At last months VCC hearing, several French Quarter residents who have visited the location in Brooklyn have attested to the quiet, family-oriented atmosphere. One resident claimed that she would go there to study while she was attending medical school. Another neighbor, Thom Beatty, said that he recently visited the location in Brooklyn at different times of the day, and never witnessed any parties at any point.
Habana Outpost parking will create disturbance for the neighborhood’s residents.
Parking issues aren’t necessarily within the VCC’s guidelines, but Meenan has been in negotiations with parking lots within the restaurant’s two-block radius to contract out additional parking for Habana Outpost customers. Although, leases won’t be signed until the proposal is approved. In addition, the project is going to benefit from the new streetcar lines, which will provide public transportation for people traveling to the establishment and surrounding area.
“The business should compliment the residential area, not destroy it.”
The Vieux Carré Committee’s primary objective is to “protect, preserve, and maintain the distinct architectural, historic character and zoning integrity of the Vieux Carré.” Several designs have been proposed to the architectural committee for approval, and the revisions have been made to comply with the VCC’s standards. The two most challenging issues that have been difficult to negotiate are the project’s rooftop solar panels and an attached billboard.
“The removal of the solar panels is unfortunate,” said Alex Miller, an urban planner and resident of New Orleans. “Preserving the culture in New Orleans for the long term will require some adaptation.”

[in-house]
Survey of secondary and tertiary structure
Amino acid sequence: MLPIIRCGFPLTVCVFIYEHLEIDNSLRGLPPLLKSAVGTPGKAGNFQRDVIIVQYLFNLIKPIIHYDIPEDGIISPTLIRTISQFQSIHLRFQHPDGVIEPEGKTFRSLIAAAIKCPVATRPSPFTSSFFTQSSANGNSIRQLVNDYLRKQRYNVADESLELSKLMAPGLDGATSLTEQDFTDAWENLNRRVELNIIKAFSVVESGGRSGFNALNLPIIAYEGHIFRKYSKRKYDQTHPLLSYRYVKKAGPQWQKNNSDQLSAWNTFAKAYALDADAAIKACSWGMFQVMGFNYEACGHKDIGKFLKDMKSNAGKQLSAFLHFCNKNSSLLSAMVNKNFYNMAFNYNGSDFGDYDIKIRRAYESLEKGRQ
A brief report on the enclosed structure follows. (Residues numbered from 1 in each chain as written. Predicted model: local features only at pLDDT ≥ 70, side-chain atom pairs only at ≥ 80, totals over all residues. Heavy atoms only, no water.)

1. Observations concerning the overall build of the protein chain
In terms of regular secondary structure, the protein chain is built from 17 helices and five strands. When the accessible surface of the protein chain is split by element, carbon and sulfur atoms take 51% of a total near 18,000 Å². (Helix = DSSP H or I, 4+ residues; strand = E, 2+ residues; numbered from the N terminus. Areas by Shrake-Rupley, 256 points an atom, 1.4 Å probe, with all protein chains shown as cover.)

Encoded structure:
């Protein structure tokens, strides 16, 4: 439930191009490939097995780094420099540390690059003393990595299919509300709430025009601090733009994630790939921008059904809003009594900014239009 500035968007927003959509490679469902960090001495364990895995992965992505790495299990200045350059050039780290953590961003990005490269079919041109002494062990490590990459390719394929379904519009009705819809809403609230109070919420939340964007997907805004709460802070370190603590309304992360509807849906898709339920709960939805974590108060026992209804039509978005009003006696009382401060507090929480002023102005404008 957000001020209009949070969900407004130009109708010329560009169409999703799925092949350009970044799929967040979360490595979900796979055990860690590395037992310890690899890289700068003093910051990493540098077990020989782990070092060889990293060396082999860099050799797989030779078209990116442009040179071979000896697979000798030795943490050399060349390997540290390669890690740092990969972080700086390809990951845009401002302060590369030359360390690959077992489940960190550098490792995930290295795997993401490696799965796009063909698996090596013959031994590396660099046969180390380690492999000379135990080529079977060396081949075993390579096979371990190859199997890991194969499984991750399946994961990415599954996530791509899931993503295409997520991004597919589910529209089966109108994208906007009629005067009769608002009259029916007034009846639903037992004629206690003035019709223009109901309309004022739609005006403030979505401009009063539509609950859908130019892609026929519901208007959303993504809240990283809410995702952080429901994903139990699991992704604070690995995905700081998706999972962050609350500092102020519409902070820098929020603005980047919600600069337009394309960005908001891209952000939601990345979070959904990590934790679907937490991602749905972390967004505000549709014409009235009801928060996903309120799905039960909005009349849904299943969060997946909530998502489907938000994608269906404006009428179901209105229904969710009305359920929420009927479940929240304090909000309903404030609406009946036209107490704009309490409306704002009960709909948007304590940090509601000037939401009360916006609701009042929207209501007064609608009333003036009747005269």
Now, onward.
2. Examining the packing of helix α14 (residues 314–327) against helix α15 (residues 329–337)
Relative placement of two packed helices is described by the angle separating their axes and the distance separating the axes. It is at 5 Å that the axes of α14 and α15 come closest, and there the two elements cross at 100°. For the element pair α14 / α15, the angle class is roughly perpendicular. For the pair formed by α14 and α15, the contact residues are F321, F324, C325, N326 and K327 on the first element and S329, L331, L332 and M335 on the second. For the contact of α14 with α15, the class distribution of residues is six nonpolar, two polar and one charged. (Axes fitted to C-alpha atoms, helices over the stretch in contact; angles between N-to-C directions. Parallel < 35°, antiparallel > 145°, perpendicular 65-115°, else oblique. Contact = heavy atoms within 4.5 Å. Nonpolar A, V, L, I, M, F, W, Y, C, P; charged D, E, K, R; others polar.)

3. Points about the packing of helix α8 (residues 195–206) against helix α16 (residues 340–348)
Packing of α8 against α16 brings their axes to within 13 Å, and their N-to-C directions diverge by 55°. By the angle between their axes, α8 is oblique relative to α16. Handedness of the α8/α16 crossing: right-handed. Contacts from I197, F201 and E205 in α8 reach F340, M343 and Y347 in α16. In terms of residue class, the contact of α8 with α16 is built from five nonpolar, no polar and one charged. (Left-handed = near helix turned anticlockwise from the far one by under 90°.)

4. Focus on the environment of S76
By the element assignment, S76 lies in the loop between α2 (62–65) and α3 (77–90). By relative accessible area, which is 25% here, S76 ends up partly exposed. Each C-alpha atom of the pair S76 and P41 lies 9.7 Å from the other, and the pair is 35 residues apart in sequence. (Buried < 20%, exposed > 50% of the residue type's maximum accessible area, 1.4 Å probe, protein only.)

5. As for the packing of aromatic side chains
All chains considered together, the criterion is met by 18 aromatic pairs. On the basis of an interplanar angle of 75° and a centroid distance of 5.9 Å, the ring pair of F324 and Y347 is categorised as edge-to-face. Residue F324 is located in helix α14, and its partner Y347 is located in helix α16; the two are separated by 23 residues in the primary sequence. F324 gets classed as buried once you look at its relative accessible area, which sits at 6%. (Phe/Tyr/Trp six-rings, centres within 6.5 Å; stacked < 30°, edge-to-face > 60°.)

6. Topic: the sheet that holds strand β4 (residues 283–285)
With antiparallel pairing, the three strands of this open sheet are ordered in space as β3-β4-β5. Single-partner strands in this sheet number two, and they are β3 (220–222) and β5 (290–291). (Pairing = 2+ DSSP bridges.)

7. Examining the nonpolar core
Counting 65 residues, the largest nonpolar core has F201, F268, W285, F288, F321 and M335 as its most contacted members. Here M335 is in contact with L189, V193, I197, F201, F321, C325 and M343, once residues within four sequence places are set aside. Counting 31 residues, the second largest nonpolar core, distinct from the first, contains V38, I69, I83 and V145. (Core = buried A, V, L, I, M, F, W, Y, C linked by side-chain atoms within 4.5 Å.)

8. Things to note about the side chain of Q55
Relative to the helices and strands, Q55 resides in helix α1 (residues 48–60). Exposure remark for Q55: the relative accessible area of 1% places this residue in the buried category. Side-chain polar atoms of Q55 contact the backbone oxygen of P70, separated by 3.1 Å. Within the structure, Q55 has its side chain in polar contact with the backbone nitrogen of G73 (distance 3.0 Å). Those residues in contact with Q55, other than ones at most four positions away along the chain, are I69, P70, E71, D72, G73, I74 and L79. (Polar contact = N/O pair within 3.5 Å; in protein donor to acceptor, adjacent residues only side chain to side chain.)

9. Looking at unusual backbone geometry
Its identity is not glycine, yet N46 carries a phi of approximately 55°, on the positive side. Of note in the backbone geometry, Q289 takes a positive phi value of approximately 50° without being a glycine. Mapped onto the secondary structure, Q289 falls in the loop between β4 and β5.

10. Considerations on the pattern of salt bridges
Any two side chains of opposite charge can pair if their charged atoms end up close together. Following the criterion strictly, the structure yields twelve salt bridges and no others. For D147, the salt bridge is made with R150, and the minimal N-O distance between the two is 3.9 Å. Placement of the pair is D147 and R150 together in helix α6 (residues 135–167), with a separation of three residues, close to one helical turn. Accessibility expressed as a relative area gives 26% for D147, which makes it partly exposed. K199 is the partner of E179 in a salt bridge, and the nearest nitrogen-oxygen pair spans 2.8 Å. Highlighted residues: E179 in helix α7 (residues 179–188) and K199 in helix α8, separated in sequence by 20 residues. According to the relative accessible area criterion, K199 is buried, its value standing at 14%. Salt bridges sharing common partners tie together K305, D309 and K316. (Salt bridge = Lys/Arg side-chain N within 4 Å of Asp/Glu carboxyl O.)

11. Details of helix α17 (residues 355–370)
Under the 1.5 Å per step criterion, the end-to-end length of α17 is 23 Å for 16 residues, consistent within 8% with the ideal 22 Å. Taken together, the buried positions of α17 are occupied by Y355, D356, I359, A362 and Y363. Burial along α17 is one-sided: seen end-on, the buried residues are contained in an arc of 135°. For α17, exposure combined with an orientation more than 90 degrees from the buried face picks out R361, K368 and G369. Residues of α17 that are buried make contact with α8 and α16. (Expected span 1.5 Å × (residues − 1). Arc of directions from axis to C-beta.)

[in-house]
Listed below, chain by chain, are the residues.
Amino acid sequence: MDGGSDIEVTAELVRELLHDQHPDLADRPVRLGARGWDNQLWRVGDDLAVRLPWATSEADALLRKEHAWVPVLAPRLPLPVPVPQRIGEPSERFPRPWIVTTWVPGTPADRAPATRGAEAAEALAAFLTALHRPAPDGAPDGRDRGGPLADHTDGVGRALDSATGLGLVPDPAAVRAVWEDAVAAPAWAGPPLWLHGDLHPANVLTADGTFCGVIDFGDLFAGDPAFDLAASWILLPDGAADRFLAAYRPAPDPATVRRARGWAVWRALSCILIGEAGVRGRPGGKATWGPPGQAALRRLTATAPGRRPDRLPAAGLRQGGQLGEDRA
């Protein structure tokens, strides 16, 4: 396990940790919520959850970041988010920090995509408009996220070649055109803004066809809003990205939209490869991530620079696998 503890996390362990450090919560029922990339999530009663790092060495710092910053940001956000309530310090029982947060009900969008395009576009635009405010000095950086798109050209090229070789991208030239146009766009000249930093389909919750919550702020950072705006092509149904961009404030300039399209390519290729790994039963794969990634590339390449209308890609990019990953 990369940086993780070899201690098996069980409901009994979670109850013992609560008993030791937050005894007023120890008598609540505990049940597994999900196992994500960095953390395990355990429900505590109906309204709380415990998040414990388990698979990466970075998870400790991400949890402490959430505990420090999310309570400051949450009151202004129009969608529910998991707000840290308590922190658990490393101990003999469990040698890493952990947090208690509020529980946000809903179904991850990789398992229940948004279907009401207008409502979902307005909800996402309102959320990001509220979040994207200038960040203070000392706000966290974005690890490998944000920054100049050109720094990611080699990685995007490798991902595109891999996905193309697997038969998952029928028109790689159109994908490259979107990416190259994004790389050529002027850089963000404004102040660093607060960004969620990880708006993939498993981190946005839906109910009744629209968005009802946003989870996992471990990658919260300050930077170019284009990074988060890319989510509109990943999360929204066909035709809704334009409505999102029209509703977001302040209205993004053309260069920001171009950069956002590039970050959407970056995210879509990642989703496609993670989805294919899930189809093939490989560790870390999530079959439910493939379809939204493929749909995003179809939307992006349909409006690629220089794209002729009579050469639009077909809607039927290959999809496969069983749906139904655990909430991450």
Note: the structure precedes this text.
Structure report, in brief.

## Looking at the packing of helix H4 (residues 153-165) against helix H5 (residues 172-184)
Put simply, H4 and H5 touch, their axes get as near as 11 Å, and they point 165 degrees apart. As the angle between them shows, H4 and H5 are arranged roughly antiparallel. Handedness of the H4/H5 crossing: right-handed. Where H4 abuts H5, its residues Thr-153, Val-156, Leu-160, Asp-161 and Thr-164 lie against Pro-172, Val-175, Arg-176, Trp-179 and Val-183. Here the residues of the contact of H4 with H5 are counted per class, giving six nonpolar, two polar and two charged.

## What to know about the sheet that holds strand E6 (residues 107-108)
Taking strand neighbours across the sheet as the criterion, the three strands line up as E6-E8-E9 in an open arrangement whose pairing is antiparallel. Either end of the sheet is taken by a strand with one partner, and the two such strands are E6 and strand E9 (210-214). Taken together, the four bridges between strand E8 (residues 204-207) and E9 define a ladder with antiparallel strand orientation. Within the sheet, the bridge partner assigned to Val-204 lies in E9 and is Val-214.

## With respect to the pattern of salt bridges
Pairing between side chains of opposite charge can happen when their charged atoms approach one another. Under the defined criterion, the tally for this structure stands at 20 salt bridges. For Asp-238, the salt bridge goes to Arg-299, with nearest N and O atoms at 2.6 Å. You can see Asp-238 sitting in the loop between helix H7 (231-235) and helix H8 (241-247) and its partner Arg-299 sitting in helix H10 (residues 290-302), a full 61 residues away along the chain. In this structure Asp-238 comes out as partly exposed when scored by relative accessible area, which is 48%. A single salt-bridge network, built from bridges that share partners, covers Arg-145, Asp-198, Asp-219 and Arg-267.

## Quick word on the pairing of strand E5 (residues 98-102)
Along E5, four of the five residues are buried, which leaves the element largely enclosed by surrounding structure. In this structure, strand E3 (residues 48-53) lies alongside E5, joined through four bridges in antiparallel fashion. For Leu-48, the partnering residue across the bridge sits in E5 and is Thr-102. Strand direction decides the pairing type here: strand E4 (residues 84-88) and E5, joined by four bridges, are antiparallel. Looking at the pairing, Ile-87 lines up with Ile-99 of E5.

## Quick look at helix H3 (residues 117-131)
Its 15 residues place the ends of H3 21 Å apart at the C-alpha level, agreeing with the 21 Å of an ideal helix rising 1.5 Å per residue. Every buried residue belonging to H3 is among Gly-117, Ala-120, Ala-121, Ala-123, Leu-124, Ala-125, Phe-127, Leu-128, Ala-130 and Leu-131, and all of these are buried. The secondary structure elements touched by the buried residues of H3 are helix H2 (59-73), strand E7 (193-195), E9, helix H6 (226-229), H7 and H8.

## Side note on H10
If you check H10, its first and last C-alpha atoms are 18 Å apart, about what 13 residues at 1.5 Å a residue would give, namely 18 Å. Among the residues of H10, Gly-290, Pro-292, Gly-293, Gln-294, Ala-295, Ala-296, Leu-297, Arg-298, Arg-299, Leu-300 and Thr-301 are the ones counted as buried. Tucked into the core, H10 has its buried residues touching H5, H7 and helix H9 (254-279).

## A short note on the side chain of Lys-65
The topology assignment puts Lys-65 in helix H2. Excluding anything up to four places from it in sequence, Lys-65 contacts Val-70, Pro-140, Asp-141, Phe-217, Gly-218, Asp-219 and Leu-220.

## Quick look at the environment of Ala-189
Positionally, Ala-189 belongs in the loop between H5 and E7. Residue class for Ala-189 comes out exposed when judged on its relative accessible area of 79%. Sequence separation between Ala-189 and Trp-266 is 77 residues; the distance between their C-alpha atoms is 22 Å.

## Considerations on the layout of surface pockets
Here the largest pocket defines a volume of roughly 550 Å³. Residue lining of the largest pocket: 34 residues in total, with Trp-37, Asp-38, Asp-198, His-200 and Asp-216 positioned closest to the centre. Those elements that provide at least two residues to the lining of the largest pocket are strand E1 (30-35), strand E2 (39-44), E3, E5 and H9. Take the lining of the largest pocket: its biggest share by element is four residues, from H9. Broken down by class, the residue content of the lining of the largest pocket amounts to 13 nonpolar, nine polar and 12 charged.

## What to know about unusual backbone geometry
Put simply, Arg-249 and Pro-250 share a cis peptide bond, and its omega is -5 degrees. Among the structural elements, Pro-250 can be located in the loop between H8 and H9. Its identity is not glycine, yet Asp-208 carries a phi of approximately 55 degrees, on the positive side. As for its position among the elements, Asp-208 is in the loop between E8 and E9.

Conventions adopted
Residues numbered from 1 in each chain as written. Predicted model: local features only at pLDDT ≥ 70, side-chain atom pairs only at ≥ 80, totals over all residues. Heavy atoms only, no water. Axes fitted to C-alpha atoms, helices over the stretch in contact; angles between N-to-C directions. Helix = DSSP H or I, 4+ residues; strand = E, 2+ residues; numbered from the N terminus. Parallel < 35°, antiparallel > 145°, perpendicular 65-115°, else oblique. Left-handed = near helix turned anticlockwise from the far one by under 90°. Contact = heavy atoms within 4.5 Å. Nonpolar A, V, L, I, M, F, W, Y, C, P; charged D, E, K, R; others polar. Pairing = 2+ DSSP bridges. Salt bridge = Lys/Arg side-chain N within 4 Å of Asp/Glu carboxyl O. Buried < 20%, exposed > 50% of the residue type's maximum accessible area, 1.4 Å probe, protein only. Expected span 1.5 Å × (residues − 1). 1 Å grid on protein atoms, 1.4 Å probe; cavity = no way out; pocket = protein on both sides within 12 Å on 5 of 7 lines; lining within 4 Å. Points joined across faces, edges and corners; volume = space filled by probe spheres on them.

Additionally, the restaurant has been referred to as a chain, but the proposed New Orleans restaurant is just the second location for Habana Outpost after Brooklyn – hardly enough to call it a chain. Others might also argue that it takes about 10 units for a brand to be considered a chain, a requirement that the entire Habana umbrella has not met yet.
Moving Forward, New Orleans
Meenan is going into next week’s VCC meeting with confidence that approvals will be made so he can move forward with construction. However, it’s important to look at the broader picture, and what this says about the progress of our city. This fight isn’t about just Cuban sandwiches. It’s about business development, community, progress, entrepreneurship, culture, the environment, and historical preservation.
It’s important that we fight for our beliefs and continue to preserve New Orleans’ culture. But, our fear of becoming just another city like Cleveland or Houston can’t alter us from making progress or letting new people with new ideas in. New Orleans’ unique culture has been intact for 300 years and has been boasted as one of the main reasons why people want to be here. We won’t lose that over a solar panel that’s visible only from one neighbor’s bathroom window.
As we approach Katrina’s anniversary, the progression the city has made is evident. Old residents have returned, new residents have fallen in love with New Orleans, industries both old and new are booming, infrastructure is better, the education system is improving, and entrepreneurship is at an all time high. We work everyday to recruit more people back to New Orleans to continue to help make it better, but creating barriers for progress will only set us back again, as it has in the past.
As a city, we have returned better than ever and proved that not even Mother Nature can challenge us. However, as federal money starts to run out, the next few years will be more challenging because we have to prove that we can continue this momentum all on our own. That’s going to take more people like Meenan and cooperation from New Orleans to adapt.
“It’s important that we continue to see developers want to work in New Orleans,” added Miller. “The Habana Outpost project is an amazing asset for the neighborhood that will employ young people from the area and teach children about the environment, while creating a dining establishment that brings the community together. If the project doesn’t get approved, it will only set a bad precedent.”
Meenan’s new plans will be reviewed at next week’s Vieux Carré Commission hearing, which is set for next Wednesday, September 4 at 1:30 PM in City Council Chambers at City Hall and is open to the public. If you would like to meet Sean Meenan, join him for lunch tomorrow at Launch Pad from 12-1:00 PM. Click here for more details.